Impossibly

The way, the mystics say, 
the higher parts of the soul
transcend the body,
hover above,
you sit at the dinner table
in turquoise skirt and dark blouse
surrounded by five children.
Potato flakes on the floor, fish sticks
and ketchup smears on the tablecloth,
you read a book about sharing. 
Your voice--calm, measured--floats above
the disorder after a morning three daughters
hollered in the upstairs hallway,
an afternoon two sons pierced
a park’s peace
until a Chinese stranger slid
the younger one’s bike chain
back on its track.  Your voice
rises above the dining room, 
flows from your dark body
into the air
for five young faces
rapt, impossibly, in attention
and wonderment.  
 

Yehoshua November is the author of two poetry collections, God’s Optimism (a finalist for the L.A. Times Book Prize) and Two Worlds Exist (a finalist for the National Jewish Book Award and the Paterson Poetry Prize). November teaches writing at Rutgers University and Touro College.

As Old as I get, I am still sixteen  

As Old as I get, I am still sixteen. There still seems to be
A pimple exactly in the middle of my forehead,
Flaming red, an angry looking thing
I was too pale for the 70’s
Where everyone beautiful was feather haired
And tanned and looked “natural” – whatever that is.
My natural look is pasty- one shade removed from dead.
I have a huge head, and a barrel chest
and, being sloe footed, I wobble when I walk
belly first – just like a toddler.

As old as I am, I can still hear the students
Singing the scurvy joe song, can see the
Girl whose grandmother lives next door
Eyeing my older and good lucking brother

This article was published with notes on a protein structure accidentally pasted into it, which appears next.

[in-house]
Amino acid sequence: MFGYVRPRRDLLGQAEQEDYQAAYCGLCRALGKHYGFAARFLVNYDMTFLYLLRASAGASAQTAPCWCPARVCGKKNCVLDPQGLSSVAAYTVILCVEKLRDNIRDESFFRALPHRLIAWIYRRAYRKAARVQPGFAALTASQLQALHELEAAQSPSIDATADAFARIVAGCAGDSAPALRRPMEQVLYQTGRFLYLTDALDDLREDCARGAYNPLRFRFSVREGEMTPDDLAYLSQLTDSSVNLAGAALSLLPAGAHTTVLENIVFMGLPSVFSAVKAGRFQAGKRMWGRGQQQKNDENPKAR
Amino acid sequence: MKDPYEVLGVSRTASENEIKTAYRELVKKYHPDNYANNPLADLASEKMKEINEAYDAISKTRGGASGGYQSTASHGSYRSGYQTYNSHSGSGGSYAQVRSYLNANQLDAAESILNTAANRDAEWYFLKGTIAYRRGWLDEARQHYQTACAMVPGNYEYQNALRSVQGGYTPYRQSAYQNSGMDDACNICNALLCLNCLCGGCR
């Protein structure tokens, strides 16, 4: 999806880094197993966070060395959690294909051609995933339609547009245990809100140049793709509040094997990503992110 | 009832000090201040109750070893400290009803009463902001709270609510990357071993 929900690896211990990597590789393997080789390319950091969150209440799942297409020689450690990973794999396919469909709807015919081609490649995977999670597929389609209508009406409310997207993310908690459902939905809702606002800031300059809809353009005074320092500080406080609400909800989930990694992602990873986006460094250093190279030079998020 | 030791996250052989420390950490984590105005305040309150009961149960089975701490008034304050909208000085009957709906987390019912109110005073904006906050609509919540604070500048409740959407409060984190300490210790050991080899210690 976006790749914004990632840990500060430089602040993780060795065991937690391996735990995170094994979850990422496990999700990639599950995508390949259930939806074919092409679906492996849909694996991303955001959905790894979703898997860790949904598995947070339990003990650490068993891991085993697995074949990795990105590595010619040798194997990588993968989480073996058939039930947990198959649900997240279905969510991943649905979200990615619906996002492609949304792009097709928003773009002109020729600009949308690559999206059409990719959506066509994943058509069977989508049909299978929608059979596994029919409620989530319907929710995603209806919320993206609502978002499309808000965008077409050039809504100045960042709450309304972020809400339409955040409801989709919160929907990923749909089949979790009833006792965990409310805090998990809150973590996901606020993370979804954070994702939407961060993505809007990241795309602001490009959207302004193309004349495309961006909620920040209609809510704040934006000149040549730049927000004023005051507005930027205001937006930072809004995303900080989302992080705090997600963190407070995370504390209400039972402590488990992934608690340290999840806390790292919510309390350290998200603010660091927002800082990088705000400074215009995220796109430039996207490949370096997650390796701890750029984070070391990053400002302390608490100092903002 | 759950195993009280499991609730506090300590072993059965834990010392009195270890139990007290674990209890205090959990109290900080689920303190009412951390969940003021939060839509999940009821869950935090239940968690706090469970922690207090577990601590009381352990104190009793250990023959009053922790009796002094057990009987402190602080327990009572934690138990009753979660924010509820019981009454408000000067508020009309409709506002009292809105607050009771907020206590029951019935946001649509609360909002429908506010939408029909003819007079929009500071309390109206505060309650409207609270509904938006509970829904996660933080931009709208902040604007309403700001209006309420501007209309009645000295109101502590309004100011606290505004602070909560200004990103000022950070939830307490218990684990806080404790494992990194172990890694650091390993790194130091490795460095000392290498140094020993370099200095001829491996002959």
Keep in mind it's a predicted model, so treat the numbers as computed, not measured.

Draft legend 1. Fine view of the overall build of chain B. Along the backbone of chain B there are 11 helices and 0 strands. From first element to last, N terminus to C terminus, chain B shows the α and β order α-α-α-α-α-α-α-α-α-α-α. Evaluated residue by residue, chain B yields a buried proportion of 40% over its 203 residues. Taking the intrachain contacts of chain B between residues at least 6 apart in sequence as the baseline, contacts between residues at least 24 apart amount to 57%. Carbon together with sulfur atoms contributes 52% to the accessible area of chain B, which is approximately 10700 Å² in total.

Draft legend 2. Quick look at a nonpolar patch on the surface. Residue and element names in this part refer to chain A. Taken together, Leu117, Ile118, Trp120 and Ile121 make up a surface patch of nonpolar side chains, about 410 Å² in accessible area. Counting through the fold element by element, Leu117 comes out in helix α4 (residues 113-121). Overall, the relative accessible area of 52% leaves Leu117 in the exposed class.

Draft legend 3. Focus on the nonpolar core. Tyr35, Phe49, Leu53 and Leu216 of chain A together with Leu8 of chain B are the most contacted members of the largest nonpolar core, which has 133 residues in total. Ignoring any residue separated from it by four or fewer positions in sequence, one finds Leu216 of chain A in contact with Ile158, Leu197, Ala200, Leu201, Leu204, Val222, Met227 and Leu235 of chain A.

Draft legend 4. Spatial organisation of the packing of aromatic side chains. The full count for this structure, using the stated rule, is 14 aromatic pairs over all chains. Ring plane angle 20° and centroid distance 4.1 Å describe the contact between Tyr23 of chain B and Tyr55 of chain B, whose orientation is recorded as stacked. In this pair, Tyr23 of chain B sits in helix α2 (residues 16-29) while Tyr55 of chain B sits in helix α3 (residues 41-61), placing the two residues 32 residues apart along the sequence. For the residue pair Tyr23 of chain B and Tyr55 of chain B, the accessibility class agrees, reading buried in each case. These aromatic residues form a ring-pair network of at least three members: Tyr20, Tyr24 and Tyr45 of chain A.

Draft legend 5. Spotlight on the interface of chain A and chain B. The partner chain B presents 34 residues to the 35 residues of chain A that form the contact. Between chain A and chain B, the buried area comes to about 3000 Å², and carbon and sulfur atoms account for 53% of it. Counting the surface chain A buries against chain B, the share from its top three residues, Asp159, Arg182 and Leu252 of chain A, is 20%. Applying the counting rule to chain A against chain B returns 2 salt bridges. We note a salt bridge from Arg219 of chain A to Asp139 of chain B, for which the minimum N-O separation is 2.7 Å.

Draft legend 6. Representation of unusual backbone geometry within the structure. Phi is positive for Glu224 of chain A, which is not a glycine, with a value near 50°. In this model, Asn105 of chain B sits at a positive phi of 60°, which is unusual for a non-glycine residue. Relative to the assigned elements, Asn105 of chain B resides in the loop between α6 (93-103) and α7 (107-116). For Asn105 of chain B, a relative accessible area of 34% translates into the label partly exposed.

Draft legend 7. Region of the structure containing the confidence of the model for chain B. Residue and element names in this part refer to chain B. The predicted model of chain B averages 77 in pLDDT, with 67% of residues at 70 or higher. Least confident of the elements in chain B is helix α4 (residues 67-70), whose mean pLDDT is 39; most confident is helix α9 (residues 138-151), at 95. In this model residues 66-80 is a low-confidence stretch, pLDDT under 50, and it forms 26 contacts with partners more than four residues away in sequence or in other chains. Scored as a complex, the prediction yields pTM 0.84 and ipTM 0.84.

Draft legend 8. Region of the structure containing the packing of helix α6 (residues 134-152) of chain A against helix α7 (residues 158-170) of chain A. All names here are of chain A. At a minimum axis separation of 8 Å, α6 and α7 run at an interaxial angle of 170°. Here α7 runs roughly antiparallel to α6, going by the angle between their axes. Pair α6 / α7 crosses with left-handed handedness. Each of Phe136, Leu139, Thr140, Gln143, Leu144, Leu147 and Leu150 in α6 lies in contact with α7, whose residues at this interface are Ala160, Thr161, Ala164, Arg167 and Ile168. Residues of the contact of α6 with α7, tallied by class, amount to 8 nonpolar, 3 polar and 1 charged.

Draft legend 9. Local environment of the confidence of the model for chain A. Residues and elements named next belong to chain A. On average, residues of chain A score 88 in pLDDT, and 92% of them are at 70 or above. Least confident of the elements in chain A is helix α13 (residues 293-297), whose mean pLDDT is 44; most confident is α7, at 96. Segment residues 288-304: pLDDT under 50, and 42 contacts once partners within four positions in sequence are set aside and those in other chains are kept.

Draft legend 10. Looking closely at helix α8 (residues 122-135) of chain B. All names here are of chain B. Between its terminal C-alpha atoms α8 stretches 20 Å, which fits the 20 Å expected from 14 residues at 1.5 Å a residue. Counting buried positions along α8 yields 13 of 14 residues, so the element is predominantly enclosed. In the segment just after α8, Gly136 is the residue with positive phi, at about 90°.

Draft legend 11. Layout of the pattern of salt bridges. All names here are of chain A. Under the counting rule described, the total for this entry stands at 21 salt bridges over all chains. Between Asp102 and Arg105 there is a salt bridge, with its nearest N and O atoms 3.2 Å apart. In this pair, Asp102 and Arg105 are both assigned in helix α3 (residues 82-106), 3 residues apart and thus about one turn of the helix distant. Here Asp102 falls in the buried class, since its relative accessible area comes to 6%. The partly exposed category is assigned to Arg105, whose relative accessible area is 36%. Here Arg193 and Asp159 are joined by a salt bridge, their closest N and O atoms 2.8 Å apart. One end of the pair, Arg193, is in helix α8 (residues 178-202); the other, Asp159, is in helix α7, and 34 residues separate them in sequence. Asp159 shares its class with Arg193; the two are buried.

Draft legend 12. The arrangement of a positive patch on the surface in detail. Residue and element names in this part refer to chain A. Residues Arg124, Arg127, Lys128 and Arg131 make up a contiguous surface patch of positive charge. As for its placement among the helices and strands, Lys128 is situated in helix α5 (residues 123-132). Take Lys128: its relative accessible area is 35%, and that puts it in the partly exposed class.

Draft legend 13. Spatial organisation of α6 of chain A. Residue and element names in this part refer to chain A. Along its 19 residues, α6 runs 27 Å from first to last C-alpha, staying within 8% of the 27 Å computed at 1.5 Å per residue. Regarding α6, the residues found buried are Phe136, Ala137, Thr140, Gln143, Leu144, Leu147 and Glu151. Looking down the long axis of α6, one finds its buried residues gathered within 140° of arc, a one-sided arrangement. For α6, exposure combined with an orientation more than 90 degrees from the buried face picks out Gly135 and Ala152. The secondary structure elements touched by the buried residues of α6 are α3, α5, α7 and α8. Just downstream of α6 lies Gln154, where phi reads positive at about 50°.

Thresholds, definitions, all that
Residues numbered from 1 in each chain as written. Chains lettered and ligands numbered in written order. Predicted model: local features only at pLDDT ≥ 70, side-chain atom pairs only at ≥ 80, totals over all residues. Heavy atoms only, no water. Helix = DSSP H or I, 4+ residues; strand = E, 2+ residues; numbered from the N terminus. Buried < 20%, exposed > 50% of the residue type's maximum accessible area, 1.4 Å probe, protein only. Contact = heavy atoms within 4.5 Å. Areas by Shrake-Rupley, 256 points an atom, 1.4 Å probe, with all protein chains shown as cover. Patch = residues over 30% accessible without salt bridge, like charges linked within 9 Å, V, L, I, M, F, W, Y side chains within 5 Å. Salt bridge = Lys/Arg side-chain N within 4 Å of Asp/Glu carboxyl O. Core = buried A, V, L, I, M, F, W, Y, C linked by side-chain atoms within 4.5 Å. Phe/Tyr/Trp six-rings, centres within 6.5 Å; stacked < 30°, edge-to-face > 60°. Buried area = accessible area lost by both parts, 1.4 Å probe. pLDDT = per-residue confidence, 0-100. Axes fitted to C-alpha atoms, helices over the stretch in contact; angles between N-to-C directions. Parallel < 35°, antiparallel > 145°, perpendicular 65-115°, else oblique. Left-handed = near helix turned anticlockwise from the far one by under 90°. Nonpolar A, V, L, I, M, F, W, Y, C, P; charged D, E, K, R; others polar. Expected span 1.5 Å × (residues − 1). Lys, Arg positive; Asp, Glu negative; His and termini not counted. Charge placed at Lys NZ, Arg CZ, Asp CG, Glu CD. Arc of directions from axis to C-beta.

I know what alone is. I know what being left out
Means. Not even the doofs, the forerunners of nerds
Let me play chess, or join in their conversations
Concerning Kafka and Apollinaire.

They are all going
To Harvard. I am going to my parents’ funerals
And then to a factory for 23 years. At 16,
I am permanently angry, sad at least
Half of the day. Later I will meet a bunch
of Cuban exiles who will let me
Join their band – learn Caesar Vallejo, listen
To Ruben Blades. Until then it’s just me
And my anger, 24/7 and like the corner store
Opened even on Christmas. I am always sixteen,
In a denim jacket too slight for winter
Watching the grass yellow, my head buried
In a book or staring out a window –
My mind making graceful arcs around
Poems and songs no one else wants to know.
 

Joe Weil is an assistant professor in the creative writing department at Binghamton University. His poetry has appeared in many literary magazines and he has performed on NPR and on PBS. His latest book, A Night in Duluth, is published by New York Quarterly Press.